It’s terribly hard nowadays to try and discuss an album one enjoys without sounding too preachy, too emotionally attached and too, well, in love. I’m not sure if that’s a facet of the times or perhaps, it’s always seemed that way (did everyone get annoyed when every single album by Stevie Wonder was universally loved or was it justly expected?) but usually, when new music strikes so hard, it’s easy to let go. Wonder makes a nice comparison for R&B/soul mastermind Frank Ocean who seems to be indubitably indebted to Wonder’s fantastic take on music. After a reconciliation with his label – noting how very wrong it was of them to pass on Ocean’s fantastic mixtape, nostalgia, ULTRA, forcing Ocean to release it independently for free – Ocean has created the vastly rich channel ORANGE.
Comparisons to Wonder do both artists justice because of how they treat music as the beautiful art form it truly is, rather than a mode to make some quick cash. When Def Jam decided to pass on the aforementioned mixtape Ocean wanted to release the album for the sheer joy of ensuring people could hear his strong brand of R&B music. After its release he immediately got to work on channel ORANGE, recording in whatever studio was available and most of the album was finished by the end of 2011. Concentrating on the album as some kind of book, a film almost, where Ocean could remain anonymous from the music, the album finds Ocean sounding both assured and superbly brilliant. With motions of jazz, dub, electronic soul and gorgeous compositions, it doesn’t feel wrong to be entirely in love with channel ORANGE.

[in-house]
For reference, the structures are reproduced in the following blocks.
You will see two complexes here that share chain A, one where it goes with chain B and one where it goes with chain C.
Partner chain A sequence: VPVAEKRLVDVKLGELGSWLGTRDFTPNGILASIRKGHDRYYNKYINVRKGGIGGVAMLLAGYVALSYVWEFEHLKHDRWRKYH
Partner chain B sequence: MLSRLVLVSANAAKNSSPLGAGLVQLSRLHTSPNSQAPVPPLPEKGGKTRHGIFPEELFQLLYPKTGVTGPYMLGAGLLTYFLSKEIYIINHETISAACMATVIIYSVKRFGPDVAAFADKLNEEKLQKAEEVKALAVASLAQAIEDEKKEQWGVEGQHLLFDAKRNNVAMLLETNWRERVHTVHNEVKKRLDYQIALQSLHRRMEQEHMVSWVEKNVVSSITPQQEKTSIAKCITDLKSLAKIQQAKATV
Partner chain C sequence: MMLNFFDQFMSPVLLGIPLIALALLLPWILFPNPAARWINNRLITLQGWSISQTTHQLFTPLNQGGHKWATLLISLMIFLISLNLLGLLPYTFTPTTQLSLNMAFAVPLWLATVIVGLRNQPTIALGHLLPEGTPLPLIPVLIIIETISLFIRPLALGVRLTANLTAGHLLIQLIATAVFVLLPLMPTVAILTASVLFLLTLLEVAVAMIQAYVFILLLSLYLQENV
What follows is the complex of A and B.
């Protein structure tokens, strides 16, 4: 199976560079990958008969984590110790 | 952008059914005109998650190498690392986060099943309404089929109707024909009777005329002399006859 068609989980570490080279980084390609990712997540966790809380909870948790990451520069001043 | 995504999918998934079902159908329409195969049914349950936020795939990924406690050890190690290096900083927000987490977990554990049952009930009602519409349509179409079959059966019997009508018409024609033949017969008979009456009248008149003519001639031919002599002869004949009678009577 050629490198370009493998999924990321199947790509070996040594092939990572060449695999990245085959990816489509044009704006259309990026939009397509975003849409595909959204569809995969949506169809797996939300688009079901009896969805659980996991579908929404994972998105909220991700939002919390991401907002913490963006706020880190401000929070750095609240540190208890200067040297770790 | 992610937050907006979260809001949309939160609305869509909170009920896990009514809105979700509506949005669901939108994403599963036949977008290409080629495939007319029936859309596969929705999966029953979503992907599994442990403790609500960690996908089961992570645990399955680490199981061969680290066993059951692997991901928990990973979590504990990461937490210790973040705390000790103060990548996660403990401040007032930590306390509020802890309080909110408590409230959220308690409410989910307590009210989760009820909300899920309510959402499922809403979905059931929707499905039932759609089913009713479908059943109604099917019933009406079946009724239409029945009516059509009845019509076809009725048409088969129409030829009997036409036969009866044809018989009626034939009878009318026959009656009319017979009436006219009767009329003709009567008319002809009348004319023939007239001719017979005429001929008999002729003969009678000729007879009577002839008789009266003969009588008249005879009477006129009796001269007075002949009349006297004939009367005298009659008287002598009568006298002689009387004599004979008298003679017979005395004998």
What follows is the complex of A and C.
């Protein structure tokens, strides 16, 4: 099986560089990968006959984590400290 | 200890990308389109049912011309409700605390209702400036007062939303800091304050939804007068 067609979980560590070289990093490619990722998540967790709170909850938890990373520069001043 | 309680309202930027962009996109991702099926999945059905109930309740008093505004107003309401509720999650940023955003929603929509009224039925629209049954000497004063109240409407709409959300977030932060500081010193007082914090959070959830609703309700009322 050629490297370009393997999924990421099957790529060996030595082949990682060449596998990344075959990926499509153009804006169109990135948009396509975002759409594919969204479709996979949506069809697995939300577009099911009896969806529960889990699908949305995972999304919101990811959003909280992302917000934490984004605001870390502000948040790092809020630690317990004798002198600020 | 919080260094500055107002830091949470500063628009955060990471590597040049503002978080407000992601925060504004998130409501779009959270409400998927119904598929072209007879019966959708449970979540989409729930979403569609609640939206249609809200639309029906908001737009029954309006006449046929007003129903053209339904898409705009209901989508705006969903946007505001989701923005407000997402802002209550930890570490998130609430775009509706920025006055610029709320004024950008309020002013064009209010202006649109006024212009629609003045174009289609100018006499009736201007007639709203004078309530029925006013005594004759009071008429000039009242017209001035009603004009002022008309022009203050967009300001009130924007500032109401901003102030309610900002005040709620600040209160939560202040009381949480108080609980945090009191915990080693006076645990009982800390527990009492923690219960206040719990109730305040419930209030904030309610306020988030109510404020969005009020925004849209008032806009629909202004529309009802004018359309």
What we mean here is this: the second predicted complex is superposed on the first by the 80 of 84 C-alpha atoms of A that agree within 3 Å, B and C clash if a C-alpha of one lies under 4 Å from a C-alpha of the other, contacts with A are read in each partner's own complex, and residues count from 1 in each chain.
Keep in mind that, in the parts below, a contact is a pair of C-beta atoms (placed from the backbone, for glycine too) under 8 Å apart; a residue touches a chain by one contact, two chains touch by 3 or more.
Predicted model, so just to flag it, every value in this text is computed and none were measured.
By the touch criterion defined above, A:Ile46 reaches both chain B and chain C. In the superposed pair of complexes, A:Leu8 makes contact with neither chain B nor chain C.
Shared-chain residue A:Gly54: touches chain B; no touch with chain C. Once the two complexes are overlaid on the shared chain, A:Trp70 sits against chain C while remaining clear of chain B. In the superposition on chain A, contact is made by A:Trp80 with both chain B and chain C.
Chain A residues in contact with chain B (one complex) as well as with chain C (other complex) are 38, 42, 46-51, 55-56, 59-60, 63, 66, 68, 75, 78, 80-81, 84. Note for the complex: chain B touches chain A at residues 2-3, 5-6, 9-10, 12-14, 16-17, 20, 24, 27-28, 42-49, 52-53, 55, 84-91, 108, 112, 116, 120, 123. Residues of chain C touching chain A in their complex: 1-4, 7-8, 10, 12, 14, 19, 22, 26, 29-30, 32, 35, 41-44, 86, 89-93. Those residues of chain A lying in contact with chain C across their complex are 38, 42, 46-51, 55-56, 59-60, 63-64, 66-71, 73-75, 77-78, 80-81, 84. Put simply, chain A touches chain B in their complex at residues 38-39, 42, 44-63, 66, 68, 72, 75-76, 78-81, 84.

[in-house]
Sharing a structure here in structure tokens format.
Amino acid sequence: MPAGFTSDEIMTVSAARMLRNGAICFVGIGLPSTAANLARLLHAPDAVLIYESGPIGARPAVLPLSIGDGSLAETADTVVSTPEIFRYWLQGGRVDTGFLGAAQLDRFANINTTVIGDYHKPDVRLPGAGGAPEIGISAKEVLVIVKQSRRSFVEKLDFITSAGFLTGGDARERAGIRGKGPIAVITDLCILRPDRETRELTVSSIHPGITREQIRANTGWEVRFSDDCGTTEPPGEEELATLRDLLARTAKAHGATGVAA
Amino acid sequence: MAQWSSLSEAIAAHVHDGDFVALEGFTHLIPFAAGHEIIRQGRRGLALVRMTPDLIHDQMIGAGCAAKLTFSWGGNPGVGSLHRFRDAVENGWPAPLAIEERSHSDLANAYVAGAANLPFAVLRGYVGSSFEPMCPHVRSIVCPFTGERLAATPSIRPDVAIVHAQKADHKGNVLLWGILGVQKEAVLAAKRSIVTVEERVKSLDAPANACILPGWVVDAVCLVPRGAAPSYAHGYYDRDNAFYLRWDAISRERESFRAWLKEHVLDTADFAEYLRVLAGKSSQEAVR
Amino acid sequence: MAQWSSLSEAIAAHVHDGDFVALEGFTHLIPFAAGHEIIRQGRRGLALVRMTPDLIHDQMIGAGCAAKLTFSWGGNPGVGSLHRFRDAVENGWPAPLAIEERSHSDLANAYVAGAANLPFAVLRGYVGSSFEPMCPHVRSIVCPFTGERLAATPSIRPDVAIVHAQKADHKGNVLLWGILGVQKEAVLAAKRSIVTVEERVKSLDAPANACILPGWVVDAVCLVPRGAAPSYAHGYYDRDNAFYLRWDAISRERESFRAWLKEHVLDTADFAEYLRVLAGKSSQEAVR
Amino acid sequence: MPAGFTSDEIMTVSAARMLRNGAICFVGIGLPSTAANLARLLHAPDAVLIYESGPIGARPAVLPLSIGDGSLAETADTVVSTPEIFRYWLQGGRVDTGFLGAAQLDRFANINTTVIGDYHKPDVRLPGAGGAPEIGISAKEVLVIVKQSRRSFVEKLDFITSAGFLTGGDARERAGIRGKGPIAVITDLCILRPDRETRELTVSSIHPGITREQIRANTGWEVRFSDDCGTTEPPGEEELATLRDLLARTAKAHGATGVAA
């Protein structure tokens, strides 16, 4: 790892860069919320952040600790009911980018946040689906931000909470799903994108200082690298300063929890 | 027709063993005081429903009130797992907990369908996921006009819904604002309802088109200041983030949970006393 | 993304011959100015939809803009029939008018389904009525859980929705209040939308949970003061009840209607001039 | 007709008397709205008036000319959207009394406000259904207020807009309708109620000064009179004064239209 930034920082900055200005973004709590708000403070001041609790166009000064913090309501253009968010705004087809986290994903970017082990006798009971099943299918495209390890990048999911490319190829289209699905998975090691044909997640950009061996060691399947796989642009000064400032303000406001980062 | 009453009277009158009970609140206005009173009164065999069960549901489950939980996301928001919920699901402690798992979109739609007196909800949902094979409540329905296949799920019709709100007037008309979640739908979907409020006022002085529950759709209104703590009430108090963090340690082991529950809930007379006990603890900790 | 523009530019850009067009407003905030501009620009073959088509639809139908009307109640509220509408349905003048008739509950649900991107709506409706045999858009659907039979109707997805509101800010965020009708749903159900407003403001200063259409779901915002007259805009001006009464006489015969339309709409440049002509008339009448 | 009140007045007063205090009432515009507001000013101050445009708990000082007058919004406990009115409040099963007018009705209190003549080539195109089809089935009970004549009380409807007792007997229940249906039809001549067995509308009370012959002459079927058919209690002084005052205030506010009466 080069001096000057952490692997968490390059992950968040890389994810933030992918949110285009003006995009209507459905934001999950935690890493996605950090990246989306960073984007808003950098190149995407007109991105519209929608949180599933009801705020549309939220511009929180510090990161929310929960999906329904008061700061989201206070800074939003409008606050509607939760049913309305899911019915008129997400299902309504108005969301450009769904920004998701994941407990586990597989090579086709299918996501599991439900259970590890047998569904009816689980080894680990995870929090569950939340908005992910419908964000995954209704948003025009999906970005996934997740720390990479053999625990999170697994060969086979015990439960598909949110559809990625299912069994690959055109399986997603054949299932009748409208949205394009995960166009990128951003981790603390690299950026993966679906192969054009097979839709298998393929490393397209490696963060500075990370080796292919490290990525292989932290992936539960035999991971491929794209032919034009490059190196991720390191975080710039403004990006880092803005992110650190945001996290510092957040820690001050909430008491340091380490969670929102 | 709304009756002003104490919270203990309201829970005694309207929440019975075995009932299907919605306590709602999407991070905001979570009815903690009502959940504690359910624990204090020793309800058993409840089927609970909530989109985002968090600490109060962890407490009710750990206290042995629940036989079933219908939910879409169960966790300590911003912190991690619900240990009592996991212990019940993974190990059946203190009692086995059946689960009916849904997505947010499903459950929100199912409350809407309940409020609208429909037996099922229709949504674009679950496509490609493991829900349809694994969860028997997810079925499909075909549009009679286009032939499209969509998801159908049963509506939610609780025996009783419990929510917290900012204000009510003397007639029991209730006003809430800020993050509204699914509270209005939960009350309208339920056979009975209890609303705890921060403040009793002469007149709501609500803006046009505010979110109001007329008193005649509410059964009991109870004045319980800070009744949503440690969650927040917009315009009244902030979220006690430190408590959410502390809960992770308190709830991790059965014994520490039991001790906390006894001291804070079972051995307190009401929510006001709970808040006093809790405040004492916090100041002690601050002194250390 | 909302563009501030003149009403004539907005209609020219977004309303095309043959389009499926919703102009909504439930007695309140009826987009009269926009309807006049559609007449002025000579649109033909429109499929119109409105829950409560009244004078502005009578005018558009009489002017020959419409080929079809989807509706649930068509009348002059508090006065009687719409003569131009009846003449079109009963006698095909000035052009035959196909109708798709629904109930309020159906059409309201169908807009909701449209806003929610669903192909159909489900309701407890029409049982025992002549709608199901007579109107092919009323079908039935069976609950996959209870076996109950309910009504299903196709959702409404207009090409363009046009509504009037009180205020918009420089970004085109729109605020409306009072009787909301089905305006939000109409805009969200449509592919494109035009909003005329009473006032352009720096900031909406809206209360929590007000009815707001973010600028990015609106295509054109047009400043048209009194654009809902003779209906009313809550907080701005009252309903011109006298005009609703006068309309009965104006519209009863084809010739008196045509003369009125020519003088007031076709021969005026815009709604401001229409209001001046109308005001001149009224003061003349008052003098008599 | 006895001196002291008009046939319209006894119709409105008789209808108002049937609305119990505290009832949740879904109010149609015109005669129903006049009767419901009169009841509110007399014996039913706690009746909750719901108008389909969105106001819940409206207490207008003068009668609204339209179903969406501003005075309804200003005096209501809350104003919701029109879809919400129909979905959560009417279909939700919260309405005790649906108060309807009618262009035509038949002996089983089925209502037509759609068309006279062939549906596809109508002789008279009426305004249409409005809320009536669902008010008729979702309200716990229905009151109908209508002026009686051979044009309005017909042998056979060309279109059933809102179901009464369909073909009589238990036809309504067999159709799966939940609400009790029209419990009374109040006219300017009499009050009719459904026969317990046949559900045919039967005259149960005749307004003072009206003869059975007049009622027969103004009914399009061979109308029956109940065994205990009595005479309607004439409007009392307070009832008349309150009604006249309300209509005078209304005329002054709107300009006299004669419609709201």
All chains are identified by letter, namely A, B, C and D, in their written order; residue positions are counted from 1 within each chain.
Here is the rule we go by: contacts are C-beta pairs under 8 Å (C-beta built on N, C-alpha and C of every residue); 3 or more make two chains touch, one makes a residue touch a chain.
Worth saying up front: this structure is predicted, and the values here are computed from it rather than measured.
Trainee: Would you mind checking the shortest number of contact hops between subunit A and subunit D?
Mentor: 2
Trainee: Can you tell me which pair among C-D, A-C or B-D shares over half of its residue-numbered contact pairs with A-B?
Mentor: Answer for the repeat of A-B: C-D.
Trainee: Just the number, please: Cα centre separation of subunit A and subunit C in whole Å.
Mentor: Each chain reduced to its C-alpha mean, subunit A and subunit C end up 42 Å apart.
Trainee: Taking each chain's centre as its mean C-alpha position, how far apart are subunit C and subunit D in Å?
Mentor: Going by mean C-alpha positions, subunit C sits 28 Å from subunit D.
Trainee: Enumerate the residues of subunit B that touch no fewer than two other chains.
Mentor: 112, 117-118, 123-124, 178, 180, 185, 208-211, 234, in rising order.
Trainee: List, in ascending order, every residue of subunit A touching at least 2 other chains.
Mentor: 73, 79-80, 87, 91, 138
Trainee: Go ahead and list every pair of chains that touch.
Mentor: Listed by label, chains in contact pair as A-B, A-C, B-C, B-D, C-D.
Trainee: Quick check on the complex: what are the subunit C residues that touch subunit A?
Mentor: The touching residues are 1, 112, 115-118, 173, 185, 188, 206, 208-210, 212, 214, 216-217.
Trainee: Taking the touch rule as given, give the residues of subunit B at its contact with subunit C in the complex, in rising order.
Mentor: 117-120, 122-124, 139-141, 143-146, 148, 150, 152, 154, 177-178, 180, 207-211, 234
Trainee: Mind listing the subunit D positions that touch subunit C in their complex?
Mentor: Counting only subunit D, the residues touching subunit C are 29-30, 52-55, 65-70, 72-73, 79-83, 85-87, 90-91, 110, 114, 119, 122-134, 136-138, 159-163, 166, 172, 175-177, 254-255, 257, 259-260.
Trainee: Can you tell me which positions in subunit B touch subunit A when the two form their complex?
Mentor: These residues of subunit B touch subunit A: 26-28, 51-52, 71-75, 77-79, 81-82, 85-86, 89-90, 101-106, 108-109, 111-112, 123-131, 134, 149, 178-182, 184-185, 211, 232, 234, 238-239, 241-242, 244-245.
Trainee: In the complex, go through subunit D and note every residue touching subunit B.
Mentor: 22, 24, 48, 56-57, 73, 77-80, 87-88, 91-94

Like Wonder before him, and Marvin Gaye and Prince, Ocean treats the album as an art form where a story can be told. Rather than working towards delivering a ‘hit single’ or ‘radio jam,’ channel ORANGE plays out like a realistically vivid concept album. Each song paints a different picture of life that finds Ocean recounting stories about abandoned homes, lost loves, addiction and realism. The music is layered with an attention to detail that showcases Ocean’s hungry drive; as much as he’d prefer to stay out of the limelight, there is no denying his skill on full display here. Ocean’s voice is a thing of beauty – clear, crisp and almost, divine – he speaks of truth in an unabashed manner. Songs like “Super Rich Kids,” which just happens to feature “Real Love” by Mary J Blige, sound amazingly singular and still, timeless.
The album cycles through each channel on television with impressive ease and Ocean dresses each song with treatments and adorning decorations in fantastic ways. On “Pyramids” he sings about falling in love and being with a stripper and as he sits alone and unemployed, watching her prepare for work; his star-like synthesizer and driving beats make for an excellent release. His melancholic approach and gritty lyrics are honest; he channels the hurt in a way that is so mesmerizing: you feel the pain and angst in every small space. On “Thinkin Bout You” he details the tears in his eyes as he reflects on past times and still, he wonders about what the future may bring. And while the song’s soft tones make for a clear delivery, Ocean’s voice is front and center.
It was well documented how Ocean revealed his bisexuality and the moments on the album where he sings about the first love he could never forget – the duality of the moment is all that matters. For Ocean, who maintains he didn’t want to be the ‘focal point’ of channel ORANGE, his humble and sincere approach makes for wondrous results. Regardless of sex, age, gender or preference, the love one feels is universal and as beautifully rich and bold as this album is, it’s definitely something we should all love – unabashed and all.